If we can embrace the reality of mistakes, we can free ourselves to be more creative in our lives and dig up some interesting insights.
How to get over our mistakes?
The biggest problem with overcoming mistakes is the feeling of self-loathing.
Think back to the last mistake you made at work, even if it was a minor one, like showing up late at an important meeting or messing up a presentation or making a wrong assessment based on incomplete facts.
Once we realize our mistake, the disgust and contempt we feel break us into pieces. We can’t seem to overcome the fact how we could ever do that.
The thing to remember in situations like these is — we are human after all. We can’t act all the time perfectly. We are bound to make mistakes. Admit you made a mistake. Think about what lesson it had for you. Make a note of that and then stop dwelling on it.
Mistakes are not the same thing as failure. A failure results from doing a wrong action, whereas a mistake usually is just a wrong action. So, when you make a mistake, you can learn from it and fix it.
What to do when you make a mistake.
“When you make a mistake, there are only three things you should ever do about it: admit it, learn from it, and don’t repeat it.” — Paul Bear Bryant.
Don’t hide it, ever.
Don’t be scared of the consequences. If you hide your mistake, you will miss learning from them and make bigger mistakes while covering them.
If you own your mistake, chances are your superiors will regard you highly for your truthfulness and courage.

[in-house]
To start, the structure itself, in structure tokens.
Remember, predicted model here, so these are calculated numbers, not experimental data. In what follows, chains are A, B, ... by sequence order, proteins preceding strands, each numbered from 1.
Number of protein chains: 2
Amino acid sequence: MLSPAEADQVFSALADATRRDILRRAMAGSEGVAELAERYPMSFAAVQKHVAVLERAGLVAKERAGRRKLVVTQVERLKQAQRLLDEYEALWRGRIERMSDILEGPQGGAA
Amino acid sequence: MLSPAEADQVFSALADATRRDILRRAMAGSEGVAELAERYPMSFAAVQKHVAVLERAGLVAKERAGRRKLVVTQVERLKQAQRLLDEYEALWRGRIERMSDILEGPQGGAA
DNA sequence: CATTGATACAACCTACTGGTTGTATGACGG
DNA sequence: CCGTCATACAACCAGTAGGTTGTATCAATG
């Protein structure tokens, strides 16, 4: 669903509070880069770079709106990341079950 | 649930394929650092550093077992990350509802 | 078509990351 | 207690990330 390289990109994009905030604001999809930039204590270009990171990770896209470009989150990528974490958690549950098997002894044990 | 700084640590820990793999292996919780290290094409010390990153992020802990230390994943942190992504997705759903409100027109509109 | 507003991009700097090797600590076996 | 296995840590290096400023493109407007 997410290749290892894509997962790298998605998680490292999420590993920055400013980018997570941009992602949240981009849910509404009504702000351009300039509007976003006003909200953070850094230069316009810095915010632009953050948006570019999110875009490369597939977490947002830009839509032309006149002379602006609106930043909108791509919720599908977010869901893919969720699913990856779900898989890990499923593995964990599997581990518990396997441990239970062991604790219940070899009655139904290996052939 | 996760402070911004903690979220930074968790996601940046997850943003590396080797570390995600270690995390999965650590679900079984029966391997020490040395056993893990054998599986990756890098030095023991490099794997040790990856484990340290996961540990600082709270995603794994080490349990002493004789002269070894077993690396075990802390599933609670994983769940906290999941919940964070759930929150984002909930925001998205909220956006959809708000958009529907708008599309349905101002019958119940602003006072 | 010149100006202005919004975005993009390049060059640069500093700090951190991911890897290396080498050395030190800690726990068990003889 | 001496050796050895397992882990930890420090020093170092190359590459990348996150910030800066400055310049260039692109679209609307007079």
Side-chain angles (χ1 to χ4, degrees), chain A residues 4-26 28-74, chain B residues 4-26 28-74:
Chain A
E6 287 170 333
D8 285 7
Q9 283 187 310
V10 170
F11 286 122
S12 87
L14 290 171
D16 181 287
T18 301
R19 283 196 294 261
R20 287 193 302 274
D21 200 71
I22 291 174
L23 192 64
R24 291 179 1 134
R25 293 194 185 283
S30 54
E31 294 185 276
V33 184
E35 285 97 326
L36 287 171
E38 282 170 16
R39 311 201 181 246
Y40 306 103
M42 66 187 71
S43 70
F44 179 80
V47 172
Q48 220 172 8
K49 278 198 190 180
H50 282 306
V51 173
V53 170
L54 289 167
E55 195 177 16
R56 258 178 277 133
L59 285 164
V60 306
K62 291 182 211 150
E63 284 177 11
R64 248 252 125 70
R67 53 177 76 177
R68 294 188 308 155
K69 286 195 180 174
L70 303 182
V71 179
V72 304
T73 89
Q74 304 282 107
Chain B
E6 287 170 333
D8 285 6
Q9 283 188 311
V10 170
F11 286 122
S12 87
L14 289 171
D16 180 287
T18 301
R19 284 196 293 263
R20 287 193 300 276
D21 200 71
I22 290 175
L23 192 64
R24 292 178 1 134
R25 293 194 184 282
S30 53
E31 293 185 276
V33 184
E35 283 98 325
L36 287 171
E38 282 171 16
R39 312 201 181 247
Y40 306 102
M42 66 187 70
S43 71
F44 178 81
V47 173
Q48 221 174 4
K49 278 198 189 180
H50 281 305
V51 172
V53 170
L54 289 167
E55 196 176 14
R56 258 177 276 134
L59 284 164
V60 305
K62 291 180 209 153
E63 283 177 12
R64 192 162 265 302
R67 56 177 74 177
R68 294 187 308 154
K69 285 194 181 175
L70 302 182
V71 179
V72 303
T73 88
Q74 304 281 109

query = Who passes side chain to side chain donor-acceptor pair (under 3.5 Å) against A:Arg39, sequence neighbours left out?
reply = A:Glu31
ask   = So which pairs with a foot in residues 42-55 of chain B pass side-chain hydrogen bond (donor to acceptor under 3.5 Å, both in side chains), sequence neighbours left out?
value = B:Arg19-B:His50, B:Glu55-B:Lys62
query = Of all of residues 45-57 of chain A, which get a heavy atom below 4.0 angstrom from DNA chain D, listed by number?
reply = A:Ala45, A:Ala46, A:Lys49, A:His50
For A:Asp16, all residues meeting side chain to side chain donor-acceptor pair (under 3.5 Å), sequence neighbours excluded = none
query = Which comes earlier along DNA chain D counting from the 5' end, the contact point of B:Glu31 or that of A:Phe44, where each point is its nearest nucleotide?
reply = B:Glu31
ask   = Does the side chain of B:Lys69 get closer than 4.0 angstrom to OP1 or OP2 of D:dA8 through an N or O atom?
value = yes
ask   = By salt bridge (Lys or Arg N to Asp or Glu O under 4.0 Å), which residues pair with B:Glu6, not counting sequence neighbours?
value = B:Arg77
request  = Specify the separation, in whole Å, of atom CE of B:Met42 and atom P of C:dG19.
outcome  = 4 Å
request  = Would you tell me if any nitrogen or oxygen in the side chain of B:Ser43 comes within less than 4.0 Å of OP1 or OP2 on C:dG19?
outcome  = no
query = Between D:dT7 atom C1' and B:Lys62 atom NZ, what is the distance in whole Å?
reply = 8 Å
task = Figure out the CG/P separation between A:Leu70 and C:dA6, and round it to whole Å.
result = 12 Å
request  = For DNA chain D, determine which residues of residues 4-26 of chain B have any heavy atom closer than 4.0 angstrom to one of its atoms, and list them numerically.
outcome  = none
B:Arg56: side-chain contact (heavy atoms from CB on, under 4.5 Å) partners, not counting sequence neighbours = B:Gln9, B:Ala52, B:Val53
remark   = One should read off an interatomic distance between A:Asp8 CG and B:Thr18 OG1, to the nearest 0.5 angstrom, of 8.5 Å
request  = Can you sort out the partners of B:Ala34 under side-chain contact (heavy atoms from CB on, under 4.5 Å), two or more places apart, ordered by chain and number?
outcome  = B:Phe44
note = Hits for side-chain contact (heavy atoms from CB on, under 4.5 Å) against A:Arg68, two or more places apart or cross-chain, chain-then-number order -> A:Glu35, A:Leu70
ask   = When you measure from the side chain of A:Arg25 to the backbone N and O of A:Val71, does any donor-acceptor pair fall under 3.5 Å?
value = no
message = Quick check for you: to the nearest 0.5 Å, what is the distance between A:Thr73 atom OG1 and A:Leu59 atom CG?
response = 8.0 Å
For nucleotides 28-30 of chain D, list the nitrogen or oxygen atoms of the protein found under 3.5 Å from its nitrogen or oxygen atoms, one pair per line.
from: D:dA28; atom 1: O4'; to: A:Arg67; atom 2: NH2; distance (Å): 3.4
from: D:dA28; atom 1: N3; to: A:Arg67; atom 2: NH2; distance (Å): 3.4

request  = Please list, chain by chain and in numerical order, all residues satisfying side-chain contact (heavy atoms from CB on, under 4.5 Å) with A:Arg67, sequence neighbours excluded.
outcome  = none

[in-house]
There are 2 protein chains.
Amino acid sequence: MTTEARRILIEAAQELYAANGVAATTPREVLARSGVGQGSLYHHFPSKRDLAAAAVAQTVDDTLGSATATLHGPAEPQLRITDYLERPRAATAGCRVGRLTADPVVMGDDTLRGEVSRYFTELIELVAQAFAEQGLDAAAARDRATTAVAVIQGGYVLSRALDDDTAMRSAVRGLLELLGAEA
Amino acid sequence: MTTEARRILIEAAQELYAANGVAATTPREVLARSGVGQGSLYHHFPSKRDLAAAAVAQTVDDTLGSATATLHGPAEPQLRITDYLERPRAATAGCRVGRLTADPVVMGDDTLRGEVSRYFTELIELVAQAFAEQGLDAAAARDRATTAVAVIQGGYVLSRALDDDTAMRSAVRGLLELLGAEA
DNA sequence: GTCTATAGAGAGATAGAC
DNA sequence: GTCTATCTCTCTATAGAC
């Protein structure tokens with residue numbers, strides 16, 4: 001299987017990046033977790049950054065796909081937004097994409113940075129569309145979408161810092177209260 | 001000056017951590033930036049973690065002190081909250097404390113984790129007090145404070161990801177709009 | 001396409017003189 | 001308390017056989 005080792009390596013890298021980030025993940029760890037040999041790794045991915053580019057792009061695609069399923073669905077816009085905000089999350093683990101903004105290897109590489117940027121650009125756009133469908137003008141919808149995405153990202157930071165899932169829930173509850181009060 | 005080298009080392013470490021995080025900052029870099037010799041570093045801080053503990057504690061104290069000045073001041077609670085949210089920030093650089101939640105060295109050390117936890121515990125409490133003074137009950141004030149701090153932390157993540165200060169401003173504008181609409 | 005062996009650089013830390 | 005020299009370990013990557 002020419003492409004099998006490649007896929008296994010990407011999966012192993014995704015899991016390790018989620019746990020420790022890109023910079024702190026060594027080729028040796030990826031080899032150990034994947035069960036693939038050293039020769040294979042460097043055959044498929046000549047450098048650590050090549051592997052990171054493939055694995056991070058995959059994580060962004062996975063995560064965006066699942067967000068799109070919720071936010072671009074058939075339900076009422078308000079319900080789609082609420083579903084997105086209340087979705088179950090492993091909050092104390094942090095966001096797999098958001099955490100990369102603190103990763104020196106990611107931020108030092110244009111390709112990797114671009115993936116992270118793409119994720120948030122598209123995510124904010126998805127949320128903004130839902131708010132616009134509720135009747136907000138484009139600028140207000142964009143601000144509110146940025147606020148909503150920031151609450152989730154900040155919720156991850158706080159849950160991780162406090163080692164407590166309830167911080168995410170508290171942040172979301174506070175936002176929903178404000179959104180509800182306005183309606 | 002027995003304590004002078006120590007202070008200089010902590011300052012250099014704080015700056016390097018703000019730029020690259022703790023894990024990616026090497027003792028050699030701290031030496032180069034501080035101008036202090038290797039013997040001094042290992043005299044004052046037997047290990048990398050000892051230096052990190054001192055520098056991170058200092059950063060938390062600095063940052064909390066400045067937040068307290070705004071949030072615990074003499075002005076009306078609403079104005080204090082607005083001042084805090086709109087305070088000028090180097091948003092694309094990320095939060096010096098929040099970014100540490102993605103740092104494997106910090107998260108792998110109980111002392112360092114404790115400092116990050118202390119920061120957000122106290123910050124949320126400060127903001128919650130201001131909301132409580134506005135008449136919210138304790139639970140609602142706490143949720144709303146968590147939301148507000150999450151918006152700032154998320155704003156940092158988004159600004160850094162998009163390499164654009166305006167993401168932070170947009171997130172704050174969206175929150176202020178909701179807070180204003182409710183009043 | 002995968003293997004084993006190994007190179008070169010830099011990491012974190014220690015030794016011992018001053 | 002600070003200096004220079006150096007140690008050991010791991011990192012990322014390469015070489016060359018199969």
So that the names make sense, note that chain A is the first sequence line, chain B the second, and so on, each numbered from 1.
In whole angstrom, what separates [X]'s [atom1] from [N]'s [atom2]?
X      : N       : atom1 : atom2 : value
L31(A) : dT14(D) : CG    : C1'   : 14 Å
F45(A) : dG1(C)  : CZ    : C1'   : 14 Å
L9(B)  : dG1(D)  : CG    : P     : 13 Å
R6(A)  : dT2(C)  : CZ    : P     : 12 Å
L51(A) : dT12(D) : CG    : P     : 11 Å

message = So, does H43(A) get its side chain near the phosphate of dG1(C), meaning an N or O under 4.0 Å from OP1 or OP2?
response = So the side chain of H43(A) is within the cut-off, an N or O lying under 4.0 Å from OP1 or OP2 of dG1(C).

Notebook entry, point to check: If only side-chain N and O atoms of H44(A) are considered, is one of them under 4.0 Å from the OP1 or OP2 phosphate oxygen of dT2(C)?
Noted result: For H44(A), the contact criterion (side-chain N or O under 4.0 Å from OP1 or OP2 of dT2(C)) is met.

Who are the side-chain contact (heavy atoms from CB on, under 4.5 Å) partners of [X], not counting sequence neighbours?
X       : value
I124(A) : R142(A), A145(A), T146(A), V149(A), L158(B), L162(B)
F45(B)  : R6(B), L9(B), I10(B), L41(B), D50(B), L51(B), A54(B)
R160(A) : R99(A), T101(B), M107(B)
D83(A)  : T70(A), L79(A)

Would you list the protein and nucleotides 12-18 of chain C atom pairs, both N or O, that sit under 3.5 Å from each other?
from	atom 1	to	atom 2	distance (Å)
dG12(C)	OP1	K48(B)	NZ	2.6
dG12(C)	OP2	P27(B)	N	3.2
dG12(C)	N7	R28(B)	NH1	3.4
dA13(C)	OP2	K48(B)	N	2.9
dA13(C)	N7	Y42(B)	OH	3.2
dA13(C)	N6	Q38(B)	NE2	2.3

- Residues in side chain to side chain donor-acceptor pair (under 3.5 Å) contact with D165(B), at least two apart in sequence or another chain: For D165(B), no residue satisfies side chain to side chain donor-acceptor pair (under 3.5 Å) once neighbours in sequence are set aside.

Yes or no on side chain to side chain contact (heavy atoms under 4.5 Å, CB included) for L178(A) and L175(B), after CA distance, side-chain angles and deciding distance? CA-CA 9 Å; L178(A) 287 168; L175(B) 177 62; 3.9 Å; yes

Learn from it.
When we refuse to learn from our mistakes, we inflict unnecessary stress on ourselves and others. Mistakes are the best teachers in the world.
If you want to make the learning process faster, go ahead and make mistakes. Then make sure to learn from them.
The greatest mistake you can ever make is not to make mistakes.
- Point us to something we did not know.
- Reveal a nuance we missed.
- Deepen our knowledge.
- Tell us something about our skill levels.
- Help us see what matters and what does not.
- Inform us more about our values.
- Teach us more about others.
- Let us recognize changing circumstances.
- Show us when someone else has changed.
- Keep us connected to what works and what doesn’t work.
- Remind us of our humanity.
- Spur us to want to better work which helps us all.
- Promote compassion for ourselves and others.
- Teach us to value forgiveness.
- Help us to pace ourselves better.
- Invite us to better choices.
- Can teach us how to experiment.
- Can reveal new insight.
- Can suggest new options we had not considered.
- Can serve as a warning.
- Show us hidden fault lines in our lives, which can lead us to more productive arrangements.
- Point out structural problems in our lives.
- Prompt us to learn more about ourselves.
- Remind us how we are like others.
- Make us more humble.
- Help us rectify injustices in our lives.
- Show us where to create more balance in our lives.
- Tell us when the time to move on has occurred.
- Reveal where our passion is and where it is not.
- Expose our true feelings.
- Bring out problems in a relationship.
- Can be a red flag for our misjudgments.
- Point us in a more creative direction.
- Show us when we are not listening.
- Wake us up to our authentic selves.
- Can create distance with someone else.
- Slow us down when we need to.
- Can hasten change.
- Reveal our blind spots.
- Make invisible visible.
Don’t repeat it.
The last thing you need to do is make sure you don’t make the same mistake again. If you repeat the same mistake, it is no longer a mistake; it is a choice.
We will continue to make mistakes. At work, in life, with parenting, with relationships—no need to be afraid of them.
When you realize your mistake, figure out what lesson it had for you. Was it the lack of knowledge, skills, or something else? What led you to make that mistake? What were the emotions behind them?
Learning from mistakes is painful, but there is no other way.
If you are not making mistakes, that means you are not doing enough.
Take chances, make mistakes. This is how you grow.